NY Times - September 30, 2010by RAYMOND HERNANDEZ
The vote was 268 to 160, with 17 Republicans joining Democrats in support of the bill. Opposing the measure were 157 Republicans and 3 Democrats. Republicans raised concerns about the $7.4 billion cost of the program.
But the bill's fate in the Senate is unclear. Republicans have enough votes to filibuster the measure, and Senate Democrats have not shown great interest in bringing it to the floor.
The bill aroused impassioned debate on the House floor as 9/11 responders and their relatives watched from the gallery.
The vote occurred as Congress moved to finish its legislative business quickly and adjourn this week to allow lawmakers to head home to campaign before the elections on Nov. 2.
The bill calls for providing $3.2 billion over the next eight years to monitor and treat injuries stemming from exposure to toxic dust and debris at ground zero. New York City would pay 10 percent of those health costs. The bill would also set aside $4.2 billion to reopen the September 11th Victim Compensation Fund to provide compensation for job and economic losses.
In addition, the bill includes a provision that would allow money from the Victim Compensation Fund to be paid to any eligible claimant who receives a payment under the pending settlement of lawsuits that 10,000 rescue and cleanup workers filed against the city. Now, those who receive a settlement from the city are limited in how much compensation they can receive from the fund, according to the bill's sponsors.
There are nearly 60,000 people enrolled in health monitoring and treatment programs related to the 9/11 attacks, according to the sponsors of the bill. The federal government provides the bulk of the money for those programs.
Congress has previously appropriated money on an annual basis to monitor the health of people injured at ground zero and to provide them with medical treatment.
The bill's supporters have demanded that the government put in place a longer-term health program for 9/11 responders, fearful that annual appropriations are subject to the whims of Congress and the White House.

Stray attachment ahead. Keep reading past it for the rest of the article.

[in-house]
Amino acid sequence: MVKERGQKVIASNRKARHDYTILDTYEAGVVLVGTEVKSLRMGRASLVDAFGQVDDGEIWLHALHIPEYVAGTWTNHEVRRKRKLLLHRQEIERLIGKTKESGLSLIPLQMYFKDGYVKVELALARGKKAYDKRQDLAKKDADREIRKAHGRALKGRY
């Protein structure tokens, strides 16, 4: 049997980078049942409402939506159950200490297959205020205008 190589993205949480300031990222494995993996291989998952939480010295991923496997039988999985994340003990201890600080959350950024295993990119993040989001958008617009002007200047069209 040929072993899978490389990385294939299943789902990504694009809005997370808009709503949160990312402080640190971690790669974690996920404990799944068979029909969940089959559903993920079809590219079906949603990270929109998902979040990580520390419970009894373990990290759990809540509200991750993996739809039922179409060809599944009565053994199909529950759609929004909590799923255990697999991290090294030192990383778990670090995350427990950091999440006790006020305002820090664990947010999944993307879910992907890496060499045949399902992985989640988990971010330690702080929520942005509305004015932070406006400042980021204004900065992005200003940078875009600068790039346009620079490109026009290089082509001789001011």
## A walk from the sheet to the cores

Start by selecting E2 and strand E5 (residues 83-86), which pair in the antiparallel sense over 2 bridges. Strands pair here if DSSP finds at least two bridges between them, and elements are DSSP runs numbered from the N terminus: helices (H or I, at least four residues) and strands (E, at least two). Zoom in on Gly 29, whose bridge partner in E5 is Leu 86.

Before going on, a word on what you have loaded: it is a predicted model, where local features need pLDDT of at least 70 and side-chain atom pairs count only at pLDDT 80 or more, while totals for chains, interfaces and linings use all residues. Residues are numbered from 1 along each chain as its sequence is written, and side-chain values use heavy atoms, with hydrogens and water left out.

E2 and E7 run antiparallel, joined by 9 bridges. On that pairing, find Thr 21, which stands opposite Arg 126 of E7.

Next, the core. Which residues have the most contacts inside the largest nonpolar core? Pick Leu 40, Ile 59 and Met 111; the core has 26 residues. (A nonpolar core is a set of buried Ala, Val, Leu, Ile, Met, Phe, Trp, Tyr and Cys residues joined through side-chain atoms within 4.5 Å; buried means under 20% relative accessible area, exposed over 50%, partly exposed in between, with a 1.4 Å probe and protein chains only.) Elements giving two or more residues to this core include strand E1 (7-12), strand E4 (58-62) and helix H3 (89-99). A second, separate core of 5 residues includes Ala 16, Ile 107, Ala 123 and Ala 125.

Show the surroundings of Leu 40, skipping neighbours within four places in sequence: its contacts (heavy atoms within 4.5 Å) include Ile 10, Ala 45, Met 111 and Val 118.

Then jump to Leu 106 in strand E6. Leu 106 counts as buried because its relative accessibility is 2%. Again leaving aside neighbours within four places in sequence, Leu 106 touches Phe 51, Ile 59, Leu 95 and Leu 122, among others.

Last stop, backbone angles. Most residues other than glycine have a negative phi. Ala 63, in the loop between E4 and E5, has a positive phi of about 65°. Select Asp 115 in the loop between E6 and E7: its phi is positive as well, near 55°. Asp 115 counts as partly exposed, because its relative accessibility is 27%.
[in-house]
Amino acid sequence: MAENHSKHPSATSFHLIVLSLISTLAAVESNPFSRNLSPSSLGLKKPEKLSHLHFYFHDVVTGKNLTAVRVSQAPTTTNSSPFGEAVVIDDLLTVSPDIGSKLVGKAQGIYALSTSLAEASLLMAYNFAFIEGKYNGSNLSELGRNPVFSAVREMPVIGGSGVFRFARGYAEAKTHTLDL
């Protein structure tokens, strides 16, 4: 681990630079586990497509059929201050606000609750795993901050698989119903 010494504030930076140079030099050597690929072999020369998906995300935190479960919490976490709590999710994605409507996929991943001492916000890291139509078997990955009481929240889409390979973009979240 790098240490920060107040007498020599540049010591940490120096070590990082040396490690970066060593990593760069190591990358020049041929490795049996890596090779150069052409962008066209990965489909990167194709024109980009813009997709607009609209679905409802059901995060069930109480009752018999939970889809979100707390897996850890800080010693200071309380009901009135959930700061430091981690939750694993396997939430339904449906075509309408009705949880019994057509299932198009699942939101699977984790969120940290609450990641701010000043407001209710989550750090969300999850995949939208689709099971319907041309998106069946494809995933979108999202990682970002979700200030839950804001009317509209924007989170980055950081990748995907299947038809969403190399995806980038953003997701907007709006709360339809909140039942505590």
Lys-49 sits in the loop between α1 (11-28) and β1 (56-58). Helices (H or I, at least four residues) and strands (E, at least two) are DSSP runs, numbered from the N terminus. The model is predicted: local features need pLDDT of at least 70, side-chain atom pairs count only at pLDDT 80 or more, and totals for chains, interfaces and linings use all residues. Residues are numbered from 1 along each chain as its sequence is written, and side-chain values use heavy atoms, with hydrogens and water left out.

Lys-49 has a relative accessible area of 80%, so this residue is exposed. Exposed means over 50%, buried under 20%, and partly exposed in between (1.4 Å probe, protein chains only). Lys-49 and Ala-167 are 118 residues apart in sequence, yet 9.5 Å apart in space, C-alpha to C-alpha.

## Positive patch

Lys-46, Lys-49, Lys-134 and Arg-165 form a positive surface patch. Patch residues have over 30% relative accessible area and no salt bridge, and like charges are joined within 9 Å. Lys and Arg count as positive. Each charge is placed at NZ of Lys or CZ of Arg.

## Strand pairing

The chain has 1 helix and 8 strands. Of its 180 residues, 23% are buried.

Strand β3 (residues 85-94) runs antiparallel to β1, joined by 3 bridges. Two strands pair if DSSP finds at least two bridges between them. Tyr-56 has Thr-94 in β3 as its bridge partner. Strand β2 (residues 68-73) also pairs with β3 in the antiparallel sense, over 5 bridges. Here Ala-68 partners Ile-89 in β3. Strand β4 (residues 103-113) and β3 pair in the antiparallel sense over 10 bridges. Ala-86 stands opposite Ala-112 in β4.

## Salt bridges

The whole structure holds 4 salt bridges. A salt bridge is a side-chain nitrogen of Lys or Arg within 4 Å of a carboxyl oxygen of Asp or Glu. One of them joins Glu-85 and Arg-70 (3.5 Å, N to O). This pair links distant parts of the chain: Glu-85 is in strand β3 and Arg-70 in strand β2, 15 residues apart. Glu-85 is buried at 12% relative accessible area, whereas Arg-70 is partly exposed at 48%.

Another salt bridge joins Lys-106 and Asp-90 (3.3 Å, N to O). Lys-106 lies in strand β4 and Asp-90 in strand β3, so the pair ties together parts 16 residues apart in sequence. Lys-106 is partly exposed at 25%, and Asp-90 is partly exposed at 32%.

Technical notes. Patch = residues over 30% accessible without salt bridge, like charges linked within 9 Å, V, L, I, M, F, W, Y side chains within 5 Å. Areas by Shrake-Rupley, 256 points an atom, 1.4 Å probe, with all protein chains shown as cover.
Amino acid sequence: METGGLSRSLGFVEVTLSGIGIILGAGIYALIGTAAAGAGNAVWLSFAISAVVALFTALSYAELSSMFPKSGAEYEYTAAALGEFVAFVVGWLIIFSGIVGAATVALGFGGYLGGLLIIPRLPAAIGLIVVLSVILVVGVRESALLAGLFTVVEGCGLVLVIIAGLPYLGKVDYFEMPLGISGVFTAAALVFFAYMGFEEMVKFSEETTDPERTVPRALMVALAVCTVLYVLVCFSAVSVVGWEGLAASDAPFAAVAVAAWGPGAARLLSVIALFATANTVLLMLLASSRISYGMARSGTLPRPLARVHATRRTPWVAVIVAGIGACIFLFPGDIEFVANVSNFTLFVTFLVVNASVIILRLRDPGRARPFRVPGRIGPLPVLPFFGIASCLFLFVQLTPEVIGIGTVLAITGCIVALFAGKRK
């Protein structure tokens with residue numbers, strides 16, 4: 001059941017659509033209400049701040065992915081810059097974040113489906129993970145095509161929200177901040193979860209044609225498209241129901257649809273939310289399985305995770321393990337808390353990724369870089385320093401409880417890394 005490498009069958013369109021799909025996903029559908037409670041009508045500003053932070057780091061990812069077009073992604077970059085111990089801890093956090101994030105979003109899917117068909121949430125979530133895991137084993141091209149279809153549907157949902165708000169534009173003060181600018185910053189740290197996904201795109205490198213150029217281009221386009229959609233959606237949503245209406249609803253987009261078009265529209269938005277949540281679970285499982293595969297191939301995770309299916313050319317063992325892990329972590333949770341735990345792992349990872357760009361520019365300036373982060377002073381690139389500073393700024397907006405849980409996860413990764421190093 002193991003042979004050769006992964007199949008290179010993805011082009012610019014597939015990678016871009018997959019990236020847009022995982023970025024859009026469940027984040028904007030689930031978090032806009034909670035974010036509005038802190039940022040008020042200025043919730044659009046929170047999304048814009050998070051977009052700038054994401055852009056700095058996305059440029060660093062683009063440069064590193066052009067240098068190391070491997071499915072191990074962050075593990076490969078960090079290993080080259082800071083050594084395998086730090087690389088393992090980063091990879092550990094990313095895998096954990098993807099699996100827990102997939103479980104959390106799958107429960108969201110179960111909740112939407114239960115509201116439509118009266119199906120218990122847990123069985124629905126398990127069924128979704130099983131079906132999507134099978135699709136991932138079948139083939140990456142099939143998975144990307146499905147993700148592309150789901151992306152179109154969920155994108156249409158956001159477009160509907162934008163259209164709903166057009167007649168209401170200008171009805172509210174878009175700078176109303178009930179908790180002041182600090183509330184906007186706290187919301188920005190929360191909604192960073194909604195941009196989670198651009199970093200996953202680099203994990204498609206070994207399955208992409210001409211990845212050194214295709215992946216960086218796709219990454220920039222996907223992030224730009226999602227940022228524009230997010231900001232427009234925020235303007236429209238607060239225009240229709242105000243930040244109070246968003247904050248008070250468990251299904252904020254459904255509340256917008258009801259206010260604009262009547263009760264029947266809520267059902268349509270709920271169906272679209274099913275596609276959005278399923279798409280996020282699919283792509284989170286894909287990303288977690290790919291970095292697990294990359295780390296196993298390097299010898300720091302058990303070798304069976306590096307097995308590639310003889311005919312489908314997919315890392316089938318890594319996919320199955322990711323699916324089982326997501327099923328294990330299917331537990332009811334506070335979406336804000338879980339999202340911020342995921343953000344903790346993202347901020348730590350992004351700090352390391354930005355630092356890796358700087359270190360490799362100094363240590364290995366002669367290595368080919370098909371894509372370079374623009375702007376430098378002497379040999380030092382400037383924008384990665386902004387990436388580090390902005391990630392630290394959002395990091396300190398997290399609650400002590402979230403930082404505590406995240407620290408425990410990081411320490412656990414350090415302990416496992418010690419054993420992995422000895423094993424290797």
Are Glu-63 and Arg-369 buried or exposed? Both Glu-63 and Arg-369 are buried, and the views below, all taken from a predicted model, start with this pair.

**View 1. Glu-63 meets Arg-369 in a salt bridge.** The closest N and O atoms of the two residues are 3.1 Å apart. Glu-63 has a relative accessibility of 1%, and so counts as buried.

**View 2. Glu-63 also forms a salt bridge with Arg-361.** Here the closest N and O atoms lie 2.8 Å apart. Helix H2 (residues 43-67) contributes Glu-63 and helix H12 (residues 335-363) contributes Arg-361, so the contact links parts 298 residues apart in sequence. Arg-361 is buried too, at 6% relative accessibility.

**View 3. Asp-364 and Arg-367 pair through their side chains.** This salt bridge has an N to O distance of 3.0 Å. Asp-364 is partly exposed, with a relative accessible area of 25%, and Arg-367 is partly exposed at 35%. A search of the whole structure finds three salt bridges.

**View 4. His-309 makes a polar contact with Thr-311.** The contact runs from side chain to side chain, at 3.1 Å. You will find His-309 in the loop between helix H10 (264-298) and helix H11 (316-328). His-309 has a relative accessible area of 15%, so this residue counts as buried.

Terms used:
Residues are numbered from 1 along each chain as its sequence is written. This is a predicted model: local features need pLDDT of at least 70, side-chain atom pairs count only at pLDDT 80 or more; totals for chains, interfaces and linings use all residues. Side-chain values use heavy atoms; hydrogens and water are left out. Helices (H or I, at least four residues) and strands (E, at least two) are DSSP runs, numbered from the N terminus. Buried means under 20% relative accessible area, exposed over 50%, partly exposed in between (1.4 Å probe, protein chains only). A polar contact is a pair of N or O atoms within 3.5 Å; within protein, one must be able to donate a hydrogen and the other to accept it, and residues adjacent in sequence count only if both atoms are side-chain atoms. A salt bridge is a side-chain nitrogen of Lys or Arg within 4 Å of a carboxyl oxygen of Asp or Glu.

But such a program has been opposed by many Republicans, who raised concerns about creating a new federal entitlement to provide health benefits when the federal government is running a huge deficit.
On the House floor, Representative Joe L. Barton, Republican of Texas, who opposed the bill, argued that it was unnecessary given that Congress had created programs like the Victim Compensation Fund.
After noting that the compensation fund had made billions of dollars in payouts, Mr. Barton said that although "we want to help the victims," the bill would burden taxpayers with a new entitlement program.
The bill's supporters argued that the nation had a moral obligation to help workers who risked their lives to respond to the crisis at ground zero.
"The 9/11 responders have received a lot of awards and praise, but they tell me that what they really need is health care," said Representative Carolyn B. Maloney, Democrat of New York and one of the bill's chief sponsors.
Known as the James Zadroga 9/11 Health and Compensation Act, the bill bears the name of a New York Police Department detective who participated in the efforts at ground zero for about three weeks after the Sept. 11, 2001, attack.
He died in January 2006 after he developed symptoms common to first responders, including difficulty breathing and flulike conditions. But the cause of his death became the source of debate after the city's medical examiner concluded that it was not directly related to the 9/11 attacks.
Representative Lamar Smith, Republican of Texas, who described the bill as an "irresponsible overreach," seized on the controversy surrounding Mr. Zadroga's death, saying, "This bill is deceptive, starting with its title."
The vote on Wednesday was the second time this year the House had taken up the 9/11 health bill.
In July, Democratic leaders brought the bill to the floor under special rules requiring a two-thirds majority to pass it. A majority of the lawmakers in the chamber supported the bill, but the vote in July fell short of the two-thirds needed.